The one thing we did notice about the preset miter indent settings is that the adjusting lever is plastic and seemed prone to wear if is to be moved and reset a lot. Since the plastic is not as rigid as metal, there was a small amount of sideways movement when pushed. Of course to eliminate any movement for a making a miter cut, you can lock the miter angle in with the knob on the front of the saw. For bevel cuts, the head is easily adjusted by loosing the lever on the back of the saw (though we did find it a little difficult to accurately read the bevel angle gauge). The blade cut the wood smoothly and with minimal chatter.
Even though the saw is designed to handle 3″ thick material, we found that it will almost make its way though a pressure treated 4×4 (measured 3.5″x3.5″). It appears that if the arbor washer was a little smaller in diameter, it would allow the blade to fully cut thought the 4×4 which would be very helpful to all the guys building decks. To test the sliding component of the saw, we used some 1×12 (measured ¾”x11.75″) melamine shelving material. We found that the saw was more then capable of making 90 degree sliding straight cuts in one swipe. The cuts were consistently smooth with no edge chipping of the hard white melamine coating which is a big deal because with out a good blade, the melamine coating can get chewed. To test the 45 degree sliding miter cut we used a 2×10 (measured 1.5″x9.5″) which might not have been completely fair since the saw is only specified to cut a maximum of 8.25 inches at a 45 degree miter. The saw was actually able to cut all but 1/8 of an inch of the 2×10. There is a small rubber bump stop in the back of the sliding mechanism that holds the saw back from making the full cut. Though we don’t (ahem, officially) recommend this, we found that if we removed the bump stop, we were able to complete the 45 degree angle miter cut all the way though the 2×10. We liked the slide mechanism since it worked smoothly and never felt like we had to force a cut.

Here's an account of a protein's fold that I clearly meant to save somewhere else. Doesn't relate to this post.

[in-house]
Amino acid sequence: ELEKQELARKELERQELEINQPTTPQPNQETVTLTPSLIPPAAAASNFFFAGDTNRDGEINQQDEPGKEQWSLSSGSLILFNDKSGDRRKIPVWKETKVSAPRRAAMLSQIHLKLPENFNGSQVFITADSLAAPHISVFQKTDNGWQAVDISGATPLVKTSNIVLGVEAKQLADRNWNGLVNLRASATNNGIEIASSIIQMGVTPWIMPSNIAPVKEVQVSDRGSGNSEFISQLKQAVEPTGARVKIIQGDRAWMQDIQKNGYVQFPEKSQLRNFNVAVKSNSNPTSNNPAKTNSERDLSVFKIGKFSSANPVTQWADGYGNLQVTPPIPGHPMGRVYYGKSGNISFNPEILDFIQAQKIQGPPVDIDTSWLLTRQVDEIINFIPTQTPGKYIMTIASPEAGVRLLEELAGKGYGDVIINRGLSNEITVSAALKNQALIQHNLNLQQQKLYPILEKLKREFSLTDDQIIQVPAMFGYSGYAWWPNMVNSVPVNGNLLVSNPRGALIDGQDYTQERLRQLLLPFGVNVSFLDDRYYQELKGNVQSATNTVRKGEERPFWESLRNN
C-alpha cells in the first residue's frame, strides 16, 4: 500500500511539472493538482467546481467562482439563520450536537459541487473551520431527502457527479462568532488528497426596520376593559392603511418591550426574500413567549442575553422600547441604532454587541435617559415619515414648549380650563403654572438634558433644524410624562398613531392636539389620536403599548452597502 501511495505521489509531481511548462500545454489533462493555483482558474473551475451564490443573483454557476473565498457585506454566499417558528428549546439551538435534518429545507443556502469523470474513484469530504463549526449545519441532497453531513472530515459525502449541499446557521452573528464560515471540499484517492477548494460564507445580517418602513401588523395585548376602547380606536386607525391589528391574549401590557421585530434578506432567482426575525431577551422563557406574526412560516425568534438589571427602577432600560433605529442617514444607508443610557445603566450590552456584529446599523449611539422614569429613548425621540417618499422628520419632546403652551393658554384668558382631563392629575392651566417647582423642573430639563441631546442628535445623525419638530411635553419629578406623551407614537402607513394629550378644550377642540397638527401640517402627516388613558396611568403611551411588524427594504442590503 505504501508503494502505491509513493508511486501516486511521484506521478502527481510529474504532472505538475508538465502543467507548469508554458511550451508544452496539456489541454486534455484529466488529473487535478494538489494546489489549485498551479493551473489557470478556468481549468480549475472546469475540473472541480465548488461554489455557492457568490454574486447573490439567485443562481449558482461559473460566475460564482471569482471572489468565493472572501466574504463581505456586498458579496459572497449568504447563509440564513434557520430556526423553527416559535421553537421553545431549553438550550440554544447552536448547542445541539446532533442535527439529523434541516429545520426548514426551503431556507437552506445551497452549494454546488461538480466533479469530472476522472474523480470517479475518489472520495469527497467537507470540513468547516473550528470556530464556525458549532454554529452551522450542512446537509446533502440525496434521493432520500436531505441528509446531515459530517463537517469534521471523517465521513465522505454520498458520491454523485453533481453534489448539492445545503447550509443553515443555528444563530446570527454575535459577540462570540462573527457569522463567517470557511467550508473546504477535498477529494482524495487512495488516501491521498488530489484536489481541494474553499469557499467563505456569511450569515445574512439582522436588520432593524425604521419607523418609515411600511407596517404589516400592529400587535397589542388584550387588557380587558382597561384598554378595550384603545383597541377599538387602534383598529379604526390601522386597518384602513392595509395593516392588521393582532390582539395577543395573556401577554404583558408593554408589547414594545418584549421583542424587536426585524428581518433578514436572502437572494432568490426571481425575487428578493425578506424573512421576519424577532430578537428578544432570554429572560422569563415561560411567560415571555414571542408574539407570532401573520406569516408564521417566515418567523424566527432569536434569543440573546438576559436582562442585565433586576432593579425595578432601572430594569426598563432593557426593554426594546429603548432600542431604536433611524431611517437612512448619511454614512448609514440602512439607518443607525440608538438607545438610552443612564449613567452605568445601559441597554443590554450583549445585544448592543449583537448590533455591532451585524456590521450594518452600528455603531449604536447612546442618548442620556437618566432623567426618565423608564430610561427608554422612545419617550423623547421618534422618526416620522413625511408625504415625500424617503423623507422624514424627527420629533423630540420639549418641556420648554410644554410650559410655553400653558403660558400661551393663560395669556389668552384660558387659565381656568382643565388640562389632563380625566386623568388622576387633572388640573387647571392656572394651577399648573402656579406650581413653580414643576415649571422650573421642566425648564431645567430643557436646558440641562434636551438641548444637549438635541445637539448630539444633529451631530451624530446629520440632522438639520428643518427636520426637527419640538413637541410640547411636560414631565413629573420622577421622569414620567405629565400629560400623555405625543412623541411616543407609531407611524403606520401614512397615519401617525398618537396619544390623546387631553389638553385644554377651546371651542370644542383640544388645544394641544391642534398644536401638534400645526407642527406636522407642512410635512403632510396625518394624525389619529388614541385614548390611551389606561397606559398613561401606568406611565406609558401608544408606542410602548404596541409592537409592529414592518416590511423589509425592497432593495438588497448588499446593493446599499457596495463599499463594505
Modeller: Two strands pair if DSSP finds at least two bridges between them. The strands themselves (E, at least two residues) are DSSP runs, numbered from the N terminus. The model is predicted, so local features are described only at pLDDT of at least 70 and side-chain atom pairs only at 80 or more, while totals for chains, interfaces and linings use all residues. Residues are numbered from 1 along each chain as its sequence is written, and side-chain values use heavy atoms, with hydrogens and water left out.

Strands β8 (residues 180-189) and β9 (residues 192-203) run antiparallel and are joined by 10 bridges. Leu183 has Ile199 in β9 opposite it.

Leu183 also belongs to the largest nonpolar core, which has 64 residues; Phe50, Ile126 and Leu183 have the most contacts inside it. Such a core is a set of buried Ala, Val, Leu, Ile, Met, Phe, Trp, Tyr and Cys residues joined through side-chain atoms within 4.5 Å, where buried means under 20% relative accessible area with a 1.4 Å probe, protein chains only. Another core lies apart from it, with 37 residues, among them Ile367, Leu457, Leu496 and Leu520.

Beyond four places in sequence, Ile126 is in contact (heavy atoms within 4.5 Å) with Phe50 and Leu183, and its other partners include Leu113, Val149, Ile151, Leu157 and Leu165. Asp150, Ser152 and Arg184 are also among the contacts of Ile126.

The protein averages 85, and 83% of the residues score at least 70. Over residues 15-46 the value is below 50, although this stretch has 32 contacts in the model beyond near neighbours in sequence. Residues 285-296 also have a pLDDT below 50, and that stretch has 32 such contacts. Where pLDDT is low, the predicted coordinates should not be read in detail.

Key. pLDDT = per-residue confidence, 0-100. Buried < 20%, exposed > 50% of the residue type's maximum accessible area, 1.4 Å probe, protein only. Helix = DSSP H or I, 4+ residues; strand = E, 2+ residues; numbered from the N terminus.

Evolution RAGE 3 Sliding Miter Saw Metal Cutting
On the packaging it shows a piece of wood with a number of nails driven into the end and making a smooth cut. To test this kind of cut, we drove thirty 16d common nails into the end of our 2×10 and then proceeded to make 1/8″ slices though the wood and nails. The cuts were smooth and quick, with no sparks. The wood did not break up and the nails stayed in place. We did the cuts until we used up the length of the nail that was driven into the wood and then we checked the blade to see if we had any damage to the carbide teeth. Not a single tooth was broken and there was no material build up on them. While this is an extreme example of having to cut wood with nails in it, it is not far fetched if you work with antique barn wood or old flooring where the wood might have old fasteners still in it.
Our next test was on some 1″x1″ angle steel. Using the included top clamp we secured our material on the bed of the saw against the fence. Just like we were going to cut a piece of wood, we slowly set the blade down on the steel. We were anticipating some kick back or other movement but the blade just went right through the material without incident. It should be noted that the enclosed safety goggles are included for a reason; when cutting metal we did notice that small shavings would bounce back and would have been a nasty thing to have to dig out of your eye! After several cuts, we again checked the blade and still could not find any missing or broken teeth. As we were making the cuts, there was very minimal amount of sparks and the cuts were clean and almost burr free. Not only were the cuts faster and easer to make then with an abrasive cutting wheel, the steel never got hot and was able to be immediately handled – all this with no coolant! To test other materials, we cut up some extruded aluminum storm door jamb, 1/2″ steel rod and some 1″ PVC pipe all with the same results. Clean, smooth cuts and almost no burrs were the norm. Evolution Power Tools claims that up to 750 cuts can me made though 2″x2″ mild steel box sections on a single blade and from what we saw so far, we are pretty sure it can do it.